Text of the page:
Rav Eliyahu from Vilna held from learning Torah to a high degree. It is no accident that his inspiration caused yeshivas to be founded. But there obstacles preventing people from learning Torah. And the main one seems to be  a kind of spiritual obstacle. It seems like the Torah is so precious that one needs some kind of extra merit to be able to learn and keep it. At least this looks like what the Vilna Geon was thinking. And it looks like Rebbi Nachman was also thinking along the same lines. When  Rebbi Nachman talks about being close and being tied to a saint/ tzadik he always refers to it in this way: The Torah is the main thing. And the tzadik is connected and tied to the Torah. So for people that have fallen from the Torah, the way to get back to Torah is to be close to a tzadik. It looks to me that he was not making a tzadik out to be a special category besides the Torah. So I think that he and the Geon from Villna were in fact saying the same idea.

Nowadays we know that yeshivas are only for people from 18 until about 24 years old. So what is one to do when he has no place in the Yeshiva World? It seems to be that there is no easy answer for this question. I think however the only advice is that one should do his best to go out and get the basic books of Torah and to learn them on his own. That is  the Old Testament,  The Babylonian Talmud, the poskim--that is the Rambam, Tur, and the Shulchan Aruch of Joseph Karo, the  basic commentaries Rabbi Akiva Eiger, Rav Chaim Soloveitchik [Chidushei HaRambam], and the writings of Isaac Luria. If you make a yeshiva in your own home at least you are not dependent on others to have a place to learn Torah.

And there is something to be gained from this endeavor.  He who accepts on himself the yoke of Torah from heave there is removed from him the yoke of the government and the yoke of making a living.

And if anyone needs to learn Torah it is certainly not just frum(Orthodox) people. Everyone needs to learn Torah because everyone needs to become free from the government and free of  drudgery. I have never hear of a person who enjoys waiting in line at government agencies or enjoys interaction with any government, or enjoys having his time wasted on drudgery. Why not take the words of the sages at face value and start to learn Torah today?
But clearly not everyone is fit to learn Torah. There are obstacles that are placed in front of people to keep them from this great gift. There are questions in philosophy which make even the existence of a law given by the First Cause impossible. That is metaphysics has had a good number of of people that thought it is impossible. And then there are questions in one's own mind? I cant account for all the questions but I think a good deal of them have to do with abuse of Torah. And there are lots of variations of that. Like, "If Torah is so great why is so and so a jerk?" Or "If Torah is so great why did so and so suffer." These are all good questions. The last was asked by Job and God told him that his questions were good questions and that his friends that claimed he was suffering because of sin were in fact wrong. And in fact we know from the very beginning of the book that he was suffering in spite of his being righteous. So by analogy to the first question it is possible to say it also is a valid question. But in spite of this it is expected of us to do our best to discover Gods will for our lives and to fulfill it. That fact that others do not succeed to not mean we should follow their example.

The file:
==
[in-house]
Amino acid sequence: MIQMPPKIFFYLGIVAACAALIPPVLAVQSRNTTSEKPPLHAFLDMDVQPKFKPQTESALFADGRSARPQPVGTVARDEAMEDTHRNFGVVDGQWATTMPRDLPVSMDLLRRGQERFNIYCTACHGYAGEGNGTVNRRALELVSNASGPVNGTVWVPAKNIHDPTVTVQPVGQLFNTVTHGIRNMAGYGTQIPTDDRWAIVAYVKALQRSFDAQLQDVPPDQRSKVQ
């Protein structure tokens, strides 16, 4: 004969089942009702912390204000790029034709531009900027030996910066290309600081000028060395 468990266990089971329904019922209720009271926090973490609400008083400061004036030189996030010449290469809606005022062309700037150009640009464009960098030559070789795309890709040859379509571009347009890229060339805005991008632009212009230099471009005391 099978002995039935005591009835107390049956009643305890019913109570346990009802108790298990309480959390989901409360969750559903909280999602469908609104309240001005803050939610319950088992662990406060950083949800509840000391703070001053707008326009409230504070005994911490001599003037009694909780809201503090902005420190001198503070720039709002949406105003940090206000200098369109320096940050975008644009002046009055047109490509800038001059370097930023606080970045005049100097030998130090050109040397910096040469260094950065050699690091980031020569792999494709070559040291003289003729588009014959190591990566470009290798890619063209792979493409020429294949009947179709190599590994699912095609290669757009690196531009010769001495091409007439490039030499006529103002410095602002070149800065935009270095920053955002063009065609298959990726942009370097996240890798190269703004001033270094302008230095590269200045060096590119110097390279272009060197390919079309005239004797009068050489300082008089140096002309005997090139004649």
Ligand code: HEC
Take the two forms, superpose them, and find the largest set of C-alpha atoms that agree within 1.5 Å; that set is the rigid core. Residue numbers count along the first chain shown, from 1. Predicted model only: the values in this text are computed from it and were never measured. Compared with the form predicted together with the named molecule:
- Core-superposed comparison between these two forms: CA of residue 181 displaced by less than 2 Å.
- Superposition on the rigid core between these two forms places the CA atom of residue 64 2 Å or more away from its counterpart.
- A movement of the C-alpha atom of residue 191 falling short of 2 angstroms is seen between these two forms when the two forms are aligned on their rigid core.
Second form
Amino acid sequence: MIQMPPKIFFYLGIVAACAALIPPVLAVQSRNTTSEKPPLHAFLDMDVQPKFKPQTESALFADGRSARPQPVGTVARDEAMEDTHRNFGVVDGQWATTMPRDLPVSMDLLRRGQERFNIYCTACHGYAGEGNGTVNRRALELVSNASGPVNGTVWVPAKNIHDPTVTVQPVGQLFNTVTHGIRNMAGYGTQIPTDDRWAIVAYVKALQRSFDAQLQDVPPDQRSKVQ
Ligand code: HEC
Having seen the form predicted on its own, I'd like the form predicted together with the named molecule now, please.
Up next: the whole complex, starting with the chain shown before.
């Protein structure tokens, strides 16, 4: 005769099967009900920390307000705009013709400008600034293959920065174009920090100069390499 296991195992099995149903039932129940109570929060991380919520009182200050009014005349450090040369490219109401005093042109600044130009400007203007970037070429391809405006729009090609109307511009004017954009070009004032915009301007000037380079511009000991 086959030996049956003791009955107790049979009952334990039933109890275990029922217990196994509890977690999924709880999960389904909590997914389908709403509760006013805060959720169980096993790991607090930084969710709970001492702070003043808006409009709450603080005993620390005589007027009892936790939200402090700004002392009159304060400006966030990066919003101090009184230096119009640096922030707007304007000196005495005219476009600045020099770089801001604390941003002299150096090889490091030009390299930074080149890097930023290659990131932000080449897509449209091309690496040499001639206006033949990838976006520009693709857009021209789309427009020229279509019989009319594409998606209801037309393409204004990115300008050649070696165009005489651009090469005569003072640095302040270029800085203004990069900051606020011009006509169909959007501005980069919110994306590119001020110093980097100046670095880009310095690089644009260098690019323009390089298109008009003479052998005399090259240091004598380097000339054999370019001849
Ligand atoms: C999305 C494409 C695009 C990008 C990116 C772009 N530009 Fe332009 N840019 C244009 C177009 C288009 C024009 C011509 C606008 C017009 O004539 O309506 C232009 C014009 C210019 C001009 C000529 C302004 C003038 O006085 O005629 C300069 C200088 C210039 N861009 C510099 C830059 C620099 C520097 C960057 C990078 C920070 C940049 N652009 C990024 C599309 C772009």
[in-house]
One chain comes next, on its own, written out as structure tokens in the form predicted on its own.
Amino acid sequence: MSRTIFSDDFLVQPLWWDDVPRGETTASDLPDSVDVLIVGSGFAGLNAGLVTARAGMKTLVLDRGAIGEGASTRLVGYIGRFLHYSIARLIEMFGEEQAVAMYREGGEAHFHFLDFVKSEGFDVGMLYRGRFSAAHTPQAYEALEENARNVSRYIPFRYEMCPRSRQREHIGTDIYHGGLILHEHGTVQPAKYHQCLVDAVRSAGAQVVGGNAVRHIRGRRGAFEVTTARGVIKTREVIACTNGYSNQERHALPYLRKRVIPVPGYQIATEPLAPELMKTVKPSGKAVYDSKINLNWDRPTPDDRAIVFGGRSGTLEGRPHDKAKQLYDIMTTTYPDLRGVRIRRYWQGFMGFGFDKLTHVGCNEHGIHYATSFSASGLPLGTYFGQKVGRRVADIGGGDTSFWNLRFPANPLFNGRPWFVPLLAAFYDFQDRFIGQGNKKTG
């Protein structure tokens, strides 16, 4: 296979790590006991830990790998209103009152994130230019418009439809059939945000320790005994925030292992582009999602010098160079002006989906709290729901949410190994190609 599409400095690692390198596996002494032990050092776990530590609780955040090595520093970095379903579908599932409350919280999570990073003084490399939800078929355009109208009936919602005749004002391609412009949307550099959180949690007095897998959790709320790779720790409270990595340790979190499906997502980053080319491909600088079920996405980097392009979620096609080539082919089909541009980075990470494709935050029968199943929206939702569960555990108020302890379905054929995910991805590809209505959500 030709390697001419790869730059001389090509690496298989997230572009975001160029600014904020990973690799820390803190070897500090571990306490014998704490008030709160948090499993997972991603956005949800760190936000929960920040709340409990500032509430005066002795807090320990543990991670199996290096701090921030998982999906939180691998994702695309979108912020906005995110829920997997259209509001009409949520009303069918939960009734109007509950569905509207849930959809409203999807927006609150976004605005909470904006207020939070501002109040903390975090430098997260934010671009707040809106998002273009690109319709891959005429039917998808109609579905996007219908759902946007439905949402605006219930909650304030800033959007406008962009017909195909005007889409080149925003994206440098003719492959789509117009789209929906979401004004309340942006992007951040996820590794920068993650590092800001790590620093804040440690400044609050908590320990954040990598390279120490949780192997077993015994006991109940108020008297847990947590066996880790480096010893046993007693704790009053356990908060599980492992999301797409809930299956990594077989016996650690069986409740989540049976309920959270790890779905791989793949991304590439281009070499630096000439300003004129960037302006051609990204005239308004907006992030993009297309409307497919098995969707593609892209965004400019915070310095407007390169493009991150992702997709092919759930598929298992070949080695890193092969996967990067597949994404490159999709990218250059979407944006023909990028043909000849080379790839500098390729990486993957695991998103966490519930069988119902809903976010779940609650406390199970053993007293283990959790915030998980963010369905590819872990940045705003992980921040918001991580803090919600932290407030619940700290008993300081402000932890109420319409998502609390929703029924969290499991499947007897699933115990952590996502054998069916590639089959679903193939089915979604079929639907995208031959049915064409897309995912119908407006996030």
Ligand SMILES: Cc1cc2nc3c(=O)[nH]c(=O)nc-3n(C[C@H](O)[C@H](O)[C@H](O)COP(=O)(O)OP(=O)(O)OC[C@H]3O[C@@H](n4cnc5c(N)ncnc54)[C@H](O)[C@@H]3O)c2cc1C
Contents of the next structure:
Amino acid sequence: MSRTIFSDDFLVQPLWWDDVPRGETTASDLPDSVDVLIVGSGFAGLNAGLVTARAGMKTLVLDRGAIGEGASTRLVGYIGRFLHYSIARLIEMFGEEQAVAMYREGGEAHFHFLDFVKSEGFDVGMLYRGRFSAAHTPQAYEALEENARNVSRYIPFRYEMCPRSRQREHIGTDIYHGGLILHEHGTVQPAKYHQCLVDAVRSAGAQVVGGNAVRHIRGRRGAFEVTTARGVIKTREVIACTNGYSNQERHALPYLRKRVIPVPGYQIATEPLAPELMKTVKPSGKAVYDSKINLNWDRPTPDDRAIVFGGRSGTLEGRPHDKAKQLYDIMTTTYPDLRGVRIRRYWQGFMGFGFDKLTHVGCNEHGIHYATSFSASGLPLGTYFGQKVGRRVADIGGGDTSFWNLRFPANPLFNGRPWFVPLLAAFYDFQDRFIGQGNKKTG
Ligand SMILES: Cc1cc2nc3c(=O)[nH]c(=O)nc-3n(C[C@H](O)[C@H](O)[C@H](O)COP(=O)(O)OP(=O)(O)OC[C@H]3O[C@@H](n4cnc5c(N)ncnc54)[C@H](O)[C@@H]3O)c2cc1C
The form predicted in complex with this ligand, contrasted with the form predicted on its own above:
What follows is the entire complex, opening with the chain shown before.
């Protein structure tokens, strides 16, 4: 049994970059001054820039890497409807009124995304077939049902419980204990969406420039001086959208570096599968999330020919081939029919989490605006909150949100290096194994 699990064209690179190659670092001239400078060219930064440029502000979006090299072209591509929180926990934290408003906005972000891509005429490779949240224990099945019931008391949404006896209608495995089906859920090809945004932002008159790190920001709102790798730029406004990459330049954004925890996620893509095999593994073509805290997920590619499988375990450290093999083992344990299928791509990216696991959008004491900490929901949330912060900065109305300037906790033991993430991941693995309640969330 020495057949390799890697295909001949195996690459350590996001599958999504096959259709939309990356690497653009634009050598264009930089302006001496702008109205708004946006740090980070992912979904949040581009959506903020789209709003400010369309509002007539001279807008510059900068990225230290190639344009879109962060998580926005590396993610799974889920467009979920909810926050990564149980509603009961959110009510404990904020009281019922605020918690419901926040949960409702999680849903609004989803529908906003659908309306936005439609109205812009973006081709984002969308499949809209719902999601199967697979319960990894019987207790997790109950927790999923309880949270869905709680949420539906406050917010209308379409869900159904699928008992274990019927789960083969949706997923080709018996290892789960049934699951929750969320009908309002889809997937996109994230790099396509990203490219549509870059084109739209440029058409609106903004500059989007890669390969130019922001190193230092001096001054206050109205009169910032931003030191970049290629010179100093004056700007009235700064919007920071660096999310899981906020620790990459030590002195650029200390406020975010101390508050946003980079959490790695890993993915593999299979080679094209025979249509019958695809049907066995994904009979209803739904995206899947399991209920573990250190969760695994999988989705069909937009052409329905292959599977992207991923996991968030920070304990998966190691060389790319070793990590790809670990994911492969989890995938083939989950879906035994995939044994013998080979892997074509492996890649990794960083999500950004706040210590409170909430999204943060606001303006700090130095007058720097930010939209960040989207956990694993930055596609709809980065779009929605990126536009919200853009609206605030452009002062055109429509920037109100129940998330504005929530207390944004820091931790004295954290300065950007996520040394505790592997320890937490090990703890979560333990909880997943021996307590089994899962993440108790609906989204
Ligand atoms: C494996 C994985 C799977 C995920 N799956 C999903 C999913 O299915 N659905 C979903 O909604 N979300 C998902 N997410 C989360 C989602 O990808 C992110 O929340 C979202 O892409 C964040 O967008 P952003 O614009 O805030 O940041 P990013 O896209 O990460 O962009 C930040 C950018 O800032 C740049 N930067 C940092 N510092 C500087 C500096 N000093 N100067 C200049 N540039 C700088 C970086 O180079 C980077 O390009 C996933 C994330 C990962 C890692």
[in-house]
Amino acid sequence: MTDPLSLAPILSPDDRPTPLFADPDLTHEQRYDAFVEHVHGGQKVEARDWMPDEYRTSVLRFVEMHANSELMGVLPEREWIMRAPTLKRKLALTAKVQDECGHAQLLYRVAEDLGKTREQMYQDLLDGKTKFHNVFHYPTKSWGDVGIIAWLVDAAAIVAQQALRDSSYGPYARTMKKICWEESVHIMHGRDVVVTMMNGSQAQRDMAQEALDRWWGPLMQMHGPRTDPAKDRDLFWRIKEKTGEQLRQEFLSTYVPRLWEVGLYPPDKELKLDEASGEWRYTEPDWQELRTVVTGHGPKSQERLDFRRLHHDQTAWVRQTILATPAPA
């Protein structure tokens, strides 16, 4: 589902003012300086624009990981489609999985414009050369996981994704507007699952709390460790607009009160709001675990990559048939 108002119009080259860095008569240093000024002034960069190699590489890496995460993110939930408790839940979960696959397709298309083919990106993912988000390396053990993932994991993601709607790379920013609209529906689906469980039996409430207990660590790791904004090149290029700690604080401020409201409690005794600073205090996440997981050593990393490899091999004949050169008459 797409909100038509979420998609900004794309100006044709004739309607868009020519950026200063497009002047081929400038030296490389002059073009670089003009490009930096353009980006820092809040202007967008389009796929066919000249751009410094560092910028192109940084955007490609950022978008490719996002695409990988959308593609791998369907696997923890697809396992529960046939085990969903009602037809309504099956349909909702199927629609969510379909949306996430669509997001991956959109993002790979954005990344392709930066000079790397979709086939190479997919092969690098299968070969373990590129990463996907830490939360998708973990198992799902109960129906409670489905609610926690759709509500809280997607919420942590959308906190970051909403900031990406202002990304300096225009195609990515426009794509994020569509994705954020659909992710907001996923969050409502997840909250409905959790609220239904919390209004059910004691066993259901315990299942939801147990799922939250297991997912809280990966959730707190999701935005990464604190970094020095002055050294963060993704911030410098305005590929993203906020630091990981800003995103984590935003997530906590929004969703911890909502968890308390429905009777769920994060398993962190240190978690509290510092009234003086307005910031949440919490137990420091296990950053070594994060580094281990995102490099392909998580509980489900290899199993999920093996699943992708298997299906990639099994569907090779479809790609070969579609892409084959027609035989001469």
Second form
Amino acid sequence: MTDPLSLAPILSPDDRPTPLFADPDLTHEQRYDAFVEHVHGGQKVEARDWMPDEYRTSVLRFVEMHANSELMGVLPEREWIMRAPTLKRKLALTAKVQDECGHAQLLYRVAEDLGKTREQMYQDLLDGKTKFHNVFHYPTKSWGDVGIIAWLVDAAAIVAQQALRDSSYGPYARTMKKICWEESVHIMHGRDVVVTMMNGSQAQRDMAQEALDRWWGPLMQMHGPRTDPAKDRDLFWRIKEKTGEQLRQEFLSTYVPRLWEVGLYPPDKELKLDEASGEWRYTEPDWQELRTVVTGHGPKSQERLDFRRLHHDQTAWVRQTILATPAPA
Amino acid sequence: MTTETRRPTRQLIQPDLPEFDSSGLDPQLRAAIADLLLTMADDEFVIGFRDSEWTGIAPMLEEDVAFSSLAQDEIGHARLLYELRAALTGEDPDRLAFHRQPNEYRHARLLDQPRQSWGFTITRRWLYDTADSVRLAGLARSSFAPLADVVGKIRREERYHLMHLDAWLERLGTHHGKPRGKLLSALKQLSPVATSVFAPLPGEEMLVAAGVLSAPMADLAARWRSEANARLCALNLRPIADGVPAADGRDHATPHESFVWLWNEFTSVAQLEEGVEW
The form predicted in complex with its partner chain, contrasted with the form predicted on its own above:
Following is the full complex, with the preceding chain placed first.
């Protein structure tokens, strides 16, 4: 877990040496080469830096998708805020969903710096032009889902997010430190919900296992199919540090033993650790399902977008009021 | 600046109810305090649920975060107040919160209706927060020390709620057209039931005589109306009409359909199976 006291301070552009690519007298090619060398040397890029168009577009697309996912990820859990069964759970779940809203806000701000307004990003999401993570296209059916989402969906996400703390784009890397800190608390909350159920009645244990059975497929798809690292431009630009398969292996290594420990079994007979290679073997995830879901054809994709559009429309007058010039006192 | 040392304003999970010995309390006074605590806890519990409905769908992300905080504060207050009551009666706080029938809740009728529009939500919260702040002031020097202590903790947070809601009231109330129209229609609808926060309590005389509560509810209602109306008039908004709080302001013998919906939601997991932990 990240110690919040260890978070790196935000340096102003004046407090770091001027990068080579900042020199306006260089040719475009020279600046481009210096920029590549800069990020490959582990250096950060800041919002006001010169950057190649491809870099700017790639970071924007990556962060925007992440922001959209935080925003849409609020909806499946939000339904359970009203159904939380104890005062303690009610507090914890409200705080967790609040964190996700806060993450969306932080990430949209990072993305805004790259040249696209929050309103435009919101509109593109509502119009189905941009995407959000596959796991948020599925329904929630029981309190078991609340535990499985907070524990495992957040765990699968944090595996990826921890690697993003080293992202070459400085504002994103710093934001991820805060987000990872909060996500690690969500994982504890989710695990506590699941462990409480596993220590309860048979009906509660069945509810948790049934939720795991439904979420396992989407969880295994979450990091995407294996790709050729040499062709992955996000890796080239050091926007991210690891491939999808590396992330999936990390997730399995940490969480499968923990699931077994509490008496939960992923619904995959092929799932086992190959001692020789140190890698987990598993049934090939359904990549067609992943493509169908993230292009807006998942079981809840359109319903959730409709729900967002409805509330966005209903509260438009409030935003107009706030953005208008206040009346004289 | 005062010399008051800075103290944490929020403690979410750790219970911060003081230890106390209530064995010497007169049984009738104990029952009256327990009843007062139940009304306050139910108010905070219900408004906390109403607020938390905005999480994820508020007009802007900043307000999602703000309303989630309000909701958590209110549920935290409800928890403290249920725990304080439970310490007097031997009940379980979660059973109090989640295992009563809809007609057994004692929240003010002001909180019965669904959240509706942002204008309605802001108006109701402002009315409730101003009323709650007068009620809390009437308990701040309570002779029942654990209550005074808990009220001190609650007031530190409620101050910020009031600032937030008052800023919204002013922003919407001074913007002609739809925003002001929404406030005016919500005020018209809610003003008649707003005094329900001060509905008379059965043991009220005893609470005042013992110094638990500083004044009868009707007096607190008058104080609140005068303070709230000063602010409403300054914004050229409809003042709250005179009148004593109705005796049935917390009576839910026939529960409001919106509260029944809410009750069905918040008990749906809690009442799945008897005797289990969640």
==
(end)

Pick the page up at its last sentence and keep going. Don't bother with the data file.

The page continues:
This does not mean not to go to university. The Vilna Geon clearly himself  wrote  book on Trigonometry and told one of his students to translate all of Euclid into Hebrew and to publish it. Not does this mean not to work for a living. It only means that when one is not working or doing university he should learn Torah in every day in this way. To have one session in the Old Testament in Hebrew. He should start from the beginning and have place marker in the book and just say the words in order. If one does not understand Hebrew then he should learn it with an English translation along side of it. Don't do any commentaries because then you will never finish it.  You  need to get to the end. Then the second time you can add commentaries if you want. Then you need to have a separate session with the Gemara. Start from Brachot and say page after page until you have finished Shas at least once. And the same goes for the Rambam and the Tur and the writings of Isaac Luria.

I should mention  that none of the above requires one to accept any particular set  of beliefs.  All one is required according to Rabbi Joseph Albo is rather common sense propositions. That things had a beginning and so needed something to begin them- a first cause you could call it. And that there was only one first cause. Not two or more. Its seems straightforward enough. It is hard to know what kind on alternative reality people need to believe in in order to deny either of these simple propositions.